Picture of smart phone in human hand

World leading smartphone and mobile technology research at Strathclyde...

The Strathprints institutional repository is a digital archive of University of Strathclyde's Open Access research outputs. Strathprints provides access to thousands of Open Access research papers by University of Strathclyde researchers, including by Strathclyde researchers from the Department of Computer & Information Sciences involved in researching exciting new applications for mobile and smartphone technology. But the transformative application of mobile technologies is also the focus of research within disciplines as diverse as Electronic & Electrical Engineering, Marketing, Human Resource Management and Biomedical Enginering, among others.

Explore Strathclyde's Open Access research on smartphone technology now...

Microcontroller-based digital front-end for near-infrared spectroscopy

Giardini, Mario Ettore and Corti, Mario and Guizzetti, Giovanni G. and Lago, Paolo and Gelmetti, Andrea and Danese, Giovanni (2000) Microcontroller-based digital front-end for near-infrared spectroscopy. In: Diagnostic, Guidance and Surgical-Assist Systems II. Proceedings of SPIE . SPIE, pp. 338-344. ISBN 0819435279

[img] PDF (SPIE Proc 3911_338 - Published)
SPIE_Proc_3911_338_Published.pdf - Final Published Version

Download (242kB)

Abstract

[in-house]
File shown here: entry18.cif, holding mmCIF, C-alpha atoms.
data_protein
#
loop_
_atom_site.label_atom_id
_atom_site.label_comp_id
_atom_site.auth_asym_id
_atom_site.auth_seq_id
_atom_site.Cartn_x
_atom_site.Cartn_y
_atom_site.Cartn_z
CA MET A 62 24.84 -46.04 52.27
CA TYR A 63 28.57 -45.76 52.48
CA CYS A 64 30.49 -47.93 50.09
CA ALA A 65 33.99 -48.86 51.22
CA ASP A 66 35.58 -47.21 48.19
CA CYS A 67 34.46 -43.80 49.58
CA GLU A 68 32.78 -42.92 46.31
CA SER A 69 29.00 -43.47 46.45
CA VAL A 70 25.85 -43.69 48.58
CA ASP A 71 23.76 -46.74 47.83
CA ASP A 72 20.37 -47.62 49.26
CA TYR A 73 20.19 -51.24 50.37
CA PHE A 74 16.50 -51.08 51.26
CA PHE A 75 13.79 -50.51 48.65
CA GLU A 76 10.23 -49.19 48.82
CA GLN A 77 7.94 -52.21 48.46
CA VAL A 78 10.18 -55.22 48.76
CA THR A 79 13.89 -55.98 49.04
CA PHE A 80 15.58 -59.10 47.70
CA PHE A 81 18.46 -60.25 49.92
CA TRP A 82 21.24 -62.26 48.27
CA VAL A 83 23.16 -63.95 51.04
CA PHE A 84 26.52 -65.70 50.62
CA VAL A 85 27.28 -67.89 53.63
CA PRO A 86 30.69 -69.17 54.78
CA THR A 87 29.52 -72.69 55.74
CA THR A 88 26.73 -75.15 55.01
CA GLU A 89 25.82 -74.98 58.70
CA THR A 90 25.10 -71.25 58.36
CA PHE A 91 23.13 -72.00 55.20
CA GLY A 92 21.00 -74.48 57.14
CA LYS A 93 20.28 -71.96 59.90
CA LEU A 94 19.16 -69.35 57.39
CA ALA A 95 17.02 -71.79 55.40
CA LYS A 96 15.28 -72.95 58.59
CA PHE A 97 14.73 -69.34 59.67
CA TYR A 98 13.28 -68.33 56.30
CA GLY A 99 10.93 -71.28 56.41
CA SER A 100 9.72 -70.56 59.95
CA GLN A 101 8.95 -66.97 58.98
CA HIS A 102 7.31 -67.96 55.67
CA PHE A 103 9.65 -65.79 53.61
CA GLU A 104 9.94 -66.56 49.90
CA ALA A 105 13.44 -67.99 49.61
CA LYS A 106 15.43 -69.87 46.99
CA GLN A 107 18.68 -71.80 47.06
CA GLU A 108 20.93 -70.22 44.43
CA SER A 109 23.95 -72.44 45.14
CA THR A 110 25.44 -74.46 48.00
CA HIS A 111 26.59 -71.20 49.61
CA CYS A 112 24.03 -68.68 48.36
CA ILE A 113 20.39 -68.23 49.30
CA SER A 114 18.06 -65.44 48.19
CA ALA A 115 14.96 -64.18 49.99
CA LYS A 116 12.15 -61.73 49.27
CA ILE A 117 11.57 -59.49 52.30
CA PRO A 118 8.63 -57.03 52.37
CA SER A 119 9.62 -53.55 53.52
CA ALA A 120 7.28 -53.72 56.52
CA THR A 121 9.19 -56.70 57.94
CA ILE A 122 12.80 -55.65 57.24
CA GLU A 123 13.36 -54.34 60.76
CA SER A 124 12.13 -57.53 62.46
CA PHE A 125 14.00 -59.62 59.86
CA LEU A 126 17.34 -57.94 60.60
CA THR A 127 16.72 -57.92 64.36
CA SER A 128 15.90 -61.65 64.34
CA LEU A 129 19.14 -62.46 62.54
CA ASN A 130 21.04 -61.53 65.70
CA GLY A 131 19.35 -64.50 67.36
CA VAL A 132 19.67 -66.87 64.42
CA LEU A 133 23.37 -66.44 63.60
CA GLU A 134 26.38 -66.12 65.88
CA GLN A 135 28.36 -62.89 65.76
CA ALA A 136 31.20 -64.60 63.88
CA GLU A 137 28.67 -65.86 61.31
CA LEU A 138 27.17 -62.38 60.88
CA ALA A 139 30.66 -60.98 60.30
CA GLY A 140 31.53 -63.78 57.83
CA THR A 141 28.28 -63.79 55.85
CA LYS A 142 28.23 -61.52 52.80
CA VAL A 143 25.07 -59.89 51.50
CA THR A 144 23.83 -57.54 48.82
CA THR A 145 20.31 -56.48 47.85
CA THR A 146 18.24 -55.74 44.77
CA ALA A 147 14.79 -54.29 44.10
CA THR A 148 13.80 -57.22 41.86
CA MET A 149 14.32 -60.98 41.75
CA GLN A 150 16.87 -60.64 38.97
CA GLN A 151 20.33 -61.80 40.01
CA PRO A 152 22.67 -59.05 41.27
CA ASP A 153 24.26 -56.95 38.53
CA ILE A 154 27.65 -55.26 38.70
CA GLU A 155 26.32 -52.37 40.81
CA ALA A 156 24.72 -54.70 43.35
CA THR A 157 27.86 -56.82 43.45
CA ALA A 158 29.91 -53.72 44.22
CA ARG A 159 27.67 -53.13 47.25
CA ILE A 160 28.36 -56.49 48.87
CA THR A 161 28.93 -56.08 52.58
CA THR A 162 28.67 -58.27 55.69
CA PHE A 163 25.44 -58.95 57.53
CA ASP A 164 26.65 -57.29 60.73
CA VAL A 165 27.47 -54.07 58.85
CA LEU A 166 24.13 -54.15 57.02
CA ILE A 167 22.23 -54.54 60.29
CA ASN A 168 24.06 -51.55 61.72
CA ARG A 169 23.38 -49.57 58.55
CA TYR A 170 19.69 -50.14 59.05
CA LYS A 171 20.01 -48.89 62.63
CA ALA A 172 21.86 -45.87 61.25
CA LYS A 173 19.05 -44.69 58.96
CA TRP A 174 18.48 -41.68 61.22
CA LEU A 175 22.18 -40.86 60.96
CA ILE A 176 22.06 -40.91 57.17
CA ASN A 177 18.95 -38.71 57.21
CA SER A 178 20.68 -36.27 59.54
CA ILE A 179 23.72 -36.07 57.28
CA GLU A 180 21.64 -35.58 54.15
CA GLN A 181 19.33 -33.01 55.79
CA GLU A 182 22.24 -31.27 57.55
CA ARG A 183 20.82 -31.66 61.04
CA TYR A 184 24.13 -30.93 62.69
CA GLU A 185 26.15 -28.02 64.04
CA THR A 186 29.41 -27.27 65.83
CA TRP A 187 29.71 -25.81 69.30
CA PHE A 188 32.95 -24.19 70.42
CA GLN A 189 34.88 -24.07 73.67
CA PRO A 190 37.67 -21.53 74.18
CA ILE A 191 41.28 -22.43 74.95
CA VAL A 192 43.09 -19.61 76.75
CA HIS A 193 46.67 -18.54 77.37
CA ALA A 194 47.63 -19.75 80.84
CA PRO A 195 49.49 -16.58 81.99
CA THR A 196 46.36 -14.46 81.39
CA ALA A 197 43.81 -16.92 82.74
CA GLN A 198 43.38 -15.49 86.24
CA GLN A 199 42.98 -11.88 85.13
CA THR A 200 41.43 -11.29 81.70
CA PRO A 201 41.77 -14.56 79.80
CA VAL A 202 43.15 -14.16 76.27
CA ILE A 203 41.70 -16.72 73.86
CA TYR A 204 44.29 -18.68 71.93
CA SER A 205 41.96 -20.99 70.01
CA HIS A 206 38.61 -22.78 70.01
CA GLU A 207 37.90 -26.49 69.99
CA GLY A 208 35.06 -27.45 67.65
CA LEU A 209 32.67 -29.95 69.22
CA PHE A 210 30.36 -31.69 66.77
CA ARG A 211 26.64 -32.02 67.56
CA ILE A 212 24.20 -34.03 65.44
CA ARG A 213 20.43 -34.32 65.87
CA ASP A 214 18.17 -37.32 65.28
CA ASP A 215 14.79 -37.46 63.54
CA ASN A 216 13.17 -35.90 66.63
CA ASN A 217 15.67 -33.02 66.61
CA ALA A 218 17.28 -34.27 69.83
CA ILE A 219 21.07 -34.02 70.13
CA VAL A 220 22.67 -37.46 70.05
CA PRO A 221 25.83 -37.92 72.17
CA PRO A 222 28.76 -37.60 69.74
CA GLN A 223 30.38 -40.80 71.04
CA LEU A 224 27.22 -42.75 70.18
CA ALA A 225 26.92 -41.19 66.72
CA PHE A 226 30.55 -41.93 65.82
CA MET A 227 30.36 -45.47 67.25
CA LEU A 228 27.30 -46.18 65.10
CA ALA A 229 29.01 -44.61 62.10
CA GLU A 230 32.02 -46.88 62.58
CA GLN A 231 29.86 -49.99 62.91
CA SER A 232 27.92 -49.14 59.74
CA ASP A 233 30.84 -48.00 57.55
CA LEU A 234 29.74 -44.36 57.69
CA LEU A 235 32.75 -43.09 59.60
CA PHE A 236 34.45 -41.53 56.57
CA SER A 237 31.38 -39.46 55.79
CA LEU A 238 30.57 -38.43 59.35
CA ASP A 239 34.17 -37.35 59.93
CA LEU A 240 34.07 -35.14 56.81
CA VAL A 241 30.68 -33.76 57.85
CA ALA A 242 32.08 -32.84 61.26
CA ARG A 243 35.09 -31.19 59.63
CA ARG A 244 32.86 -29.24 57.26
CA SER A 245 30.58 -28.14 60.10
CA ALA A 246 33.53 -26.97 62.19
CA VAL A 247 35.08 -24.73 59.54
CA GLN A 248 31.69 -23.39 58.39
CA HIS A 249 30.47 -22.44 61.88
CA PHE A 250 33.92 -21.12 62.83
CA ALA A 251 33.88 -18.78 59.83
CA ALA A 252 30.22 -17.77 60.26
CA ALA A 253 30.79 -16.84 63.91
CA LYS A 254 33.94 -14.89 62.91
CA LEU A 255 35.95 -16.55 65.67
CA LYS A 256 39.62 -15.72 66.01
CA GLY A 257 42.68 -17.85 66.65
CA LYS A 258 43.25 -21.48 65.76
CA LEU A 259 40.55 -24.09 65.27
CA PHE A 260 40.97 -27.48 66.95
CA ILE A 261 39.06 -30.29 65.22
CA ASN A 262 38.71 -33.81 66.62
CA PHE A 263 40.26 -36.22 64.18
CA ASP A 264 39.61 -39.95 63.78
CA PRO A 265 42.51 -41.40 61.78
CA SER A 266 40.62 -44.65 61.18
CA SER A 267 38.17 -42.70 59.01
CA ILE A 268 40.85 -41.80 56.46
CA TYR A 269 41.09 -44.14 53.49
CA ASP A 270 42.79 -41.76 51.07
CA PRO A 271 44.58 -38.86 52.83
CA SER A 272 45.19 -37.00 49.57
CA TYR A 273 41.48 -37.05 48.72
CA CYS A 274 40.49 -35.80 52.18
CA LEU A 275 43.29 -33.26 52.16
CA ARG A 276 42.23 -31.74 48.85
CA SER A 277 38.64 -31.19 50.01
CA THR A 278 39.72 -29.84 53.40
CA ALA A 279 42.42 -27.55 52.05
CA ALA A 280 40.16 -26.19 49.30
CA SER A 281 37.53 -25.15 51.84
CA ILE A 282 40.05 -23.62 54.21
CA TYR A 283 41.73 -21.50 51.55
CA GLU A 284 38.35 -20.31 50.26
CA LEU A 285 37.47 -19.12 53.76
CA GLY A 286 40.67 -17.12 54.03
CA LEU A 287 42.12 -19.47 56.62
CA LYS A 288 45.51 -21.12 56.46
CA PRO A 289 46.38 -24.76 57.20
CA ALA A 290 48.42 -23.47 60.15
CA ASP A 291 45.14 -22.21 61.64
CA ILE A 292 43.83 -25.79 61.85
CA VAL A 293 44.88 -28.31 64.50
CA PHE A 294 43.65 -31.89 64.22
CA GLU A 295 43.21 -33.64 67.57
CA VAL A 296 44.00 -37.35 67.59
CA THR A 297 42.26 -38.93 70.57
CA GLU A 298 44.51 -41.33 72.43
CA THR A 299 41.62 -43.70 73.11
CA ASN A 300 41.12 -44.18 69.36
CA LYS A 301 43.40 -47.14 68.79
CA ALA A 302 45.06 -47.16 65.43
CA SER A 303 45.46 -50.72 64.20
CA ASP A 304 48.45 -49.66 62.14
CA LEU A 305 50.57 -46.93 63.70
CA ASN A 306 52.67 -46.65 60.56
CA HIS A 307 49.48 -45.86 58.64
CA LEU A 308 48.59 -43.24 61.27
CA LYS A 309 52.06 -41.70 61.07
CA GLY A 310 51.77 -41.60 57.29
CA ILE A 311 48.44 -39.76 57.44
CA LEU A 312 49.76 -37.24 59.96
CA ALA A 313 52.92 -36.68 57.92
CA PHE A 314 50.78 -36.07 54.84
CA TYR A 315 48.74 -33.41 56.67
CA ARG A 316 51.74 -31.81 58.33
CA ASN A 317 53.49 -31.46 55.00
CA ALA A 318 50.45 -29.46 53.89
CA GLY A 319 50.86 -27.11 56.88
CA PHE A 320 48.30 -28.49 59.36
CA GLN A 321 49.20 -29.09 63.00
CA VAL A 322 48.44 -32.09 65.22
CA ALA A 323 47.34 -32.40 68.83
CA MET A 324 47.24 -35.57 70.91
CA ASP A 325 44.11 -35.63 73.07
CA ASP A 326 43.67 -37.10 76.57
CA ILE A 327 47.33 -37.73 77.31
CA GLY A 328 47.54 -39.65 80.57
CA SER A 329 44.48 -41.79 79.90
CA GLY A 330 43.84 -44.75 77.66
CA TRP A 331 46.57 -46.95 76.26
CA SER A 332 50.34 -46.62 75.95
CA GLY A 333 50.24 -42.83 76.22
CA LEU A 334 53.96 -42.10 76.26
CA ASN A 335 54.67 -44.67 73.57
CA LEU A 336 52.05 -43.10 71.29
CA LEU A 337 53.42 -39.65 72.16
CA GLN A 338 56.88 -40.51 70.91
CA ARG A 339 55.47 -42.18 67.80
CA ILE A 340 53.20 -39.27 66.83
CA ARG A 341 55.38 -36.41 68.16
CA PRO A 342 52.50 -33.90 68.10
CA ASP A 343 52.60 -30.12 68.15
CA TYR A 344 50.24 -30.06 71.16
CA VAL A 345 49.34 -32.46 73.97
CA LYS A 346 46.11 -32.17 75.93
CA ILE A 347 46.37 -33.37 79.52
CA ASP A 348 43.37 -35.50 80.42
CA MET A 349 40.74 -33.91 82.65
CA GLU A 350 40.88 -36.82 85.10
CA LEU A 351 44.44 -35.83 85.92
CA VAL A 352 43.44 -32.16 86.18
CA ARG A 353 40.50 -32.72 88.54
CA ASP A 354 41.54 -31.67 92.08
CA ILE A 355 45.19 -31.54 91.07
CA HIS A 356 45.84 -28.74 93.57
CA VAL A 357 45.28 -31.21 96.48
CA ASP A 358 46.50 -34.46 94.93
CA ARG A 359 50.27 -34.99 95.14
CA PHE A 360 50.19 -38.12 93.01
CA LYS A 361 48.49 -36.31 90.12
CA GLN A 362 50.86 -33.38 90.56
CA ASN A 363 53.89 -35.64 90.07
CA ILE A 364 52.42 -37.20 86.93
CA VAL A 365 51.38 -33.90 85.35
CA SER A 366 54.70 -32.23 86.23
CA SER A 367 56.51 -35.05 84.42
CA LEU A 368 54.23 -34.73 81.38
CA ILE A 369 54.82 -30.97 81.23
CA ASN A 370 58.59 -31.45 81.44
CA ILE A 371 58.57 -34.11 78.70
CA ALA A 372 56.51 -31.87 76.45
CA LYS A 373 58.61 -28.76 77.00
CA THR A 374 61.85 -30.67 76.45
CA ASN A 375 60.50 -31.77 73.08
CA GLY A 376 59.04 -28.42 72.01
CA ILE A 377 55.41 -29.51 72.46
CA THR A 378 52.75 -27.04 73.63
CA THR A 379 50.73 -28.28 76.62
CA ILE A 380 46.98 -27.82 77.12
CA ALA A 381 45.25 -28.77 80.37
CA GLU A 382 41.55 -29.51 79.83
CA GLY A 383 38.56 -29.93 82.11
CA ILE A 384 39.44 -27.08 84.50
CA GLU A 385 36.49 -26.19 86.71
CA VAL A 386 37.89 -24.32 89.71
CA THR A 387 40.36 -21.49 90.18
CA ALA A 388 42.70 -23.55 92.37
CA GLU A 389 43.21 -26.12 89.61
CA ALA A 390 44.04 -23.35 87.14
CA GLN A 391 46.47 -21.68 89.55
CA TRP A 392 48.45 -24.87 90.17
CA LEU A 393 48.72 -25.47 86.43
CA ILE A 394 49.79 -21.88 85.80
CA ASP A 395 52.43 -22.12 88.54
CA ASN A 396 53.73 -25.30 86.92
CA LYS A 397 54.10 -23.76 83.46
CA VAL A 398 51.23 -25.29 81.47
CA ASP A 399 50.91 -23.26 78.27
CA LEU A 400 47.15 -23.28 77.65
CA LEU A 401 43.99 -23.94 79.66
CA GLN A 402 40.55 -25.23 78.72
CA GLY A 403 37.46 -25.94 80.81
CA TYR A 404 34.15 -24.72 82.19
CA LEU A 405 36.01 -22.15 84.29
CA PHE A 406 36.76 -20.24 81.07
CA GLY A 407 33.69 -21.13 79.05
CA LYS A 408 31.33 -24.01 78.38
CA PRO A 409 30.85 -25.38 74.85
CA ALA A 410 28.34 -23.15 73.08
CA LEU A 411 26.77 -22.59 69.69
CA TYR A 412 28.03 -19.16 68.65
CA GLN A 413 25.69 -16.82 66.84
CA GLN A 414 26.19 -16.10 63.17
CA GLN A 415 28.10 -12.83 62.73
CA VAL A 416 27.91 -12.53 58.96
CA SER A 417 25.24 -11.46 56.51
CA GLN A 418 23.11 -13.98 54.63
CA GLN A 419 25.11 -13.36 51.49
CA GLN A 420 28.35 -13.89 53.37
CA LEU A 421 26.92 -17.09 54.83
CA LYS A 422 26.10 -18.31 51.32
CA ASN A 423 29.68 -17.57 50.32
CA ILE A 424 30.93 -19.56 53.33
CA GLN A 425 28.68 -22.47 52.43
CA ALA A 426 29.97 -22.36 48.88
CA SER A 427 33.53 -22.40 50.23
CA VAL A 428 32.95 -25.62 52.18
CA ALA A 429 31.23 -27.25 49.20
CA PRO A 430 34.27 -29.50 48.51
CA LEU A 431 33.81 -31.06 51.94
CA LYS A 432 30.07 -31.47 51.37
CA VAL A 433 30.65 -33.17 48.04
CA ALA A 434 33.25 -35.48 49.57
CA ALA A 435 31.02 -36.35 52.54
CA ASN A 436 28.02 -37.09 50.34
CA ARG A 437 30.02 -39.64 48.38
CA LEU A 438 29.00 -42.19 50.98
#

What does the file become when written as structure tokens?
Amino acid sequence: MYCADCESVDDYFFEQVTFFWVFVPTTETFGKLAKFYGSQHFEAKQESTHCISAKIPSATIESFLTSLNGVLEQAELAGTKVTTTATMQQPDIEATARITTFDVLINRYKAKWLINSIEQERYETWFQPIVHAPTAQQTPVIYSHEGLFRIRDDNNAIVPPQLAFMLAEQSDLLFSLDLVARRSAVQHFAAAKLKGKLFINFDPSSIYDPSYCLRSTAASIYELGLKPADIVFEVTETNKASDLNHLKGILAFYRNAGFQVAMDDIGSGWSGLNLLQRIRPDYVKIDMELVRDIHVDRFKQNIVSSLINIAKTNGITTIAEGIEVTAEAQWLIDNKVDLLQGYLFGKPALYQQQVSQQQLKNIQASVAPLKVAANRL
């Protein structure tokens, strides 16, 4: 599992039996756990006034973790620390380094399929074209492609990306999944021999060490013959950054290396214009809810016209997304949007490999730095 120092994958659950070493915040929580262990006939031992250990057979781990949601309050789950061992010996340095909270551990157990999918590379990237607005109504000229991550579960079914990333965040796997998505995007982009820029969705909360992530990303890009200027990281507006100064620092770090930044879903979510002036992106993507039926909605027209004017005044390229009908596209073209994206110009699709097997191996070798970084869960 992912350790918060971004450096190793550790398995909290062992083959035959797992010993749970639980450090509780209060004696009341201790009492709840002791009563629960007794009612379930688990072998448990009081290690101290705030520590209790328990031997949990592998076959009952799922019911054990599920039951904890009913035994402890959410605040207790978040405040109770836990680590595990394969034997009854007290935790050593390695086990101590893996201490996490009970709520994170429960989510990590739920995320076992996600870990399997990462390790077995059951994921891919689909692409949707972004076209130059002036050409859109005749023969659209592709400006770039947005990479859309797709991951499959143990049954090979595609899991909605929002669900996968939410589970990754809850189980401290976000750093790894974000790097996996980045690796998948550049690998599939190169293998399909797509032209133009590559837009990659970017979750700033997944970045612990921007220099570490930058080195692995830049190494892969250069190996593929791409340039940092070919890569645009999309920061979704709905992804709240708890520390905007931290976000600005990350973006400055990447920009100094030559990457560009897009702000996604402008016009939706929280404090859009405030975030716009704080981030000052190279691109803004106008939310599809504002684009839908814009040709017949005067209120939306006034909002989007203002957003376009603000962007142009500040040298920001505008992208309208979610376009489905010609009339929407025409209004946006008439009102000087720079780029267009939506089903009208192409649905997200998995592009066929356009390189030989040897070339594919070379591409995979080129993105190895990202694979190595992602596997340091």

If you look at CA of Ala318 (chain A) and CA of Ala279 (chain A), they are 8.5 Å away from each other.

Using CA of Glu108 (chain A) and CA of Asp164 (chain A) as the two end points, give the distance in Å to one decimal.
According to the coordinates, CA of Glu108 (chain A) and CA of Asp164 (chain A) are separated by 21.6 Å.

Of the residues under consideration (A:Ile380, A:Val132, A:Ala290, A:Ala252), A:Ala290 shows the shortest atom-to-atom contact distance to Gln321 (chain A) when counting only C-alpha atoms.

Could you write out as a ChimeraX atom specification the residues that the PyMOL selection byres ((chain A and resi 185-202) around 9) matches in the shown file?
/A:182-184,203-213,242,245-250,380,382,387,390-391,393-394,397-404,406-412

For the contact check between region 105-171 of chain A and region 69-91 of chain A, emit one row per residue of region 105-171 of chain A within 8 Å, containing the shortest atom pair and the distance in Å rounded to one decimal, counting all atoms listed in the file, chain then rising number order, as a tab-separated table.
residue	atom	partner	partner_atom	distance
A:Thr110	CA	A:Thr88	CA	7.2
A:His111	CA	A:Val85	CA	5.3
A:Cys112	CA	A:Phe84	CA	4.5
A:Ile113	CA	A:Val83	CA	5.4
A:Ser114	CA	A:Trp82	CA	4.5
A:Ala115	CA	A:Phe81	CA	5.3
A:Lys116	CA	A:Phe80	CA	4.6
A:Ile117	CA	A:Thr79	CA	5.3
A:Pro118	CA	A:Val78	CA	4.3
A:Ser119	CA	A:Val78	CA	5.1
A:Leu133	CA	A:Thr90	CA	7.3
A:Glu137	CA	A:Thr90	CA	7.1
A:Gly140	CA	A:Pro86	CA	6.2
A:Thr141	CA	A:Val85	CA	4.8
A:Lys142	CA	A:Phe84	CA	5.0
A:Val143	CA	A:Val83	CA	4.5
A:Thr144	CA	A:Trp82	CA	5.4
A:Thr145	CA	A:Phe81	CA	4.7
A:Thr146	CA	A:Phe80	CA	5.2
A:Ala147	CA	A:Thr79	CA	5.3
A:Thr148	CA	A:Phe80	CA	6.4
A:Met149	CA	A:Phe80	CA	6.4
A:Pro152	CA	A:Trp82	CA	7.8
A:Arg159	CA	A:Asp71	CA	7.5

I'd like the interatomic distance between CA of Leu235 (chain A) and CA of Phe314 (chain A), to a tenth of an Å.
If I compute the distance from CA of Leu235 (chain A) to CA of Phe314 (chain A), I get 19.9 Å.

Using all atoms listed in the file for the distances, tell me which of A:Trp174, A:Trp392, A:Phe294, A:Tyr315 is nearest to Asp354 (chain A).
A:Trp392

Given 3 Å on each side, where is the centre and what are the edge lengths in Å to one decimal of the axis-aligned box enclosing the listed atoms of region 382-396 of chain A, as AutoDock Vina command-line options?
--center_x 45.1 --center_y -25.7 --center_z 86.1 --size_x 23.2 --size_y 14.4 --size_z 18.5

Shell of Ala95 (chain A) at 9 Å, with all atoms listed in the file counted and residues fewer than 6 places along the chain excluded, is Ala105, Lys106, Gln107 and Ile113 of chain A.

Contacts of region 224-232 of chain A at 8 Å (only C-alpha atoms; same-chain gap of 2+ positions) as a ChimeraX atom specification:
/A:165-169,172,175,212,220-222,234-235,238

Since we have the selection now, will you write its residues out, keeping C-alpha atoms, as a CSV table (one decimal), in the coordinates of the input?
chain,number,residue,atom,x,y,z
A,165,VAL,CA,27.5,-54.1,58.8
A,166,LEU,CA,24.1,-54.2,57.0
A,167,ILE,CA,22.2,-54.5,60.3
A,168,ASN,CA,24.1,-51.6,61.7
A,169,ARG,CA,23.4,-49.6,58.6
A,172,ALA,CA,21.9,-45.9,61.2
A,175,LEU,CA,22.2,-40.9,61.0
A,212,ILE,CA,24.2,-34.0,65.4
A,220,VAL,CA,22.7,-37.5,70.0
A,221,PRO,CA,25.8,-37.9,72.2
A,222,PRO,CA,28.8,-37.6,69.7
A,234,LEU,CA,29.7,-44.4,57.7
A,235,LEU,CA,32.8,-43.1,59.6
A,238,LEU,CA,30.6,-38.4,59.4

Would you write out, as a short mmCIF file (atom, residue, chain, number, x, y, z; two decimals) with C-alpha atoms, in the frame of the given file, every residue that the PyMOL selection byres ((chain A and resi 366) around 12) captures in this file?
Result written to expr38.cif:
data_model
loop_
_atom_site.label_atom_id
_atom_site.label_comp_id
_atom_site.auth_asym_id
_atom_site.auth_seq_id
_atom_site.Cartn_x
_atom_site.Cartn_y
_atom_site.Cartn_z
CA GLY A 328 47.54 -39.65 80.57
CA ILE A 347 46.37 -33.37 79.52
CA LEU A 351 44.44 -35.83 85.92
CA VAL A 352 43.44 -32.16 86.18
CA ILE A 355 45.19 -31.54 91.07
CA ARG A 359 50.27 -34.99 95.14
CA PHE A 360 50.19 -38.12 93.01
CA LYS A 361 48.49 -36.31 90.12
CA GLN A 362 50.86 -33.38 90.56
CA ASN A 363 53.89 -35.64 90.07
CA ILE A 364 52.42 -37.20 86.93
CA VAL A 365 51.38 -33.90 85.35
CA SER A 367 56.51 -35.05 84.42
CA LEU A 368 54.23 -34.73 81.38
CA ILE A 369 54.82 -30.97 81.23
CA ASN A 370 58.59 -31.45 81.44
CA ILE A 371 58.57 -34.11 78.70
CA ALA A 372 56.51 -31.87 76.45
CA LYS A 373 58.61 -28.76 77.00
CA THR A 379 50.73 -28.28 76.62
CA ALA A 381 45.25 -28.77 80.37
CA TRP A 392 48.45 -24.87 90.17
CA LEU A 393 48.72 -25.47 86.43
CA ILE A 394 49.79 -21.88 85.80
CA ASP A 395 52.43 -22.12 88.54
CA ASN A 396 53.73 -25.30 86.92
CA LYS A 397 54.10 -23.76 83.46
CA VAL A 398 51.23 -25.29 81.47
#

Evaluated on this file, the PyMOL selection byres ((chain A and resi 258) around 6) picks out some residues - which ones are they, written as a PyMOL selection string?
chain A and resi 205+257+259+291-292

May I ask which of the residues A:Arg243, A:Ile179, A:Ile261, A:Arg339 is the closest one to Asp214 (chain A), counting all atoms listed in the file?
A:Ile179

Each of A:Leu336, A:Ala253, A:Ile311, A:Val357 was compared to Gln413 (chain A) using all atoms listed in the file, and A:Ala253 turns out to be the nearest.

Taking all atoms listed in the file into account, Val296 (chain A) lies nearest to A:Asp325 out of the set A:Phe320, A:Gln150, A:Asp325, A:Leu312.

Near Infrared Spectroscopy (NIRS) can be employed to noninvasively and continuously measure in-vivo local changes in haemodynamics and oxygenation of human tissues. Monitoring of these parameters is particularly useful both for basic research and during surgery, when a continuous and real-time measurement can help to avoid permanent damage to the tissues. We present a modular acquisition system in which each subsystem, from the case to the single acquisition front-end is designed to meet all the requirements of a research-grade instrument, dedicated to intraoperatory measurements. Part of the modules of the acquisition system has been dedicated to multipoint NIRS. A module prototype has been developed, which is able to control four LED sources and two detectors. On each front-end a RISC microcontroller performs source and detector multiplexing with a digital correlation technique. A number of such modules can be independently addressed through a bus by a PC-based workstation (integrated on the instrument) for data collection, processing and visualization. Preliminary tests of the prototype on tourniquet-induced forearm ischaemia show adequate detectivity and time response. The operating parameters derived from the prototype will be employed in the design of a high channel count module, which will exploit the capabilities of a digital signal processor (DSP), for spatially mapped brain oxygenation monitoring.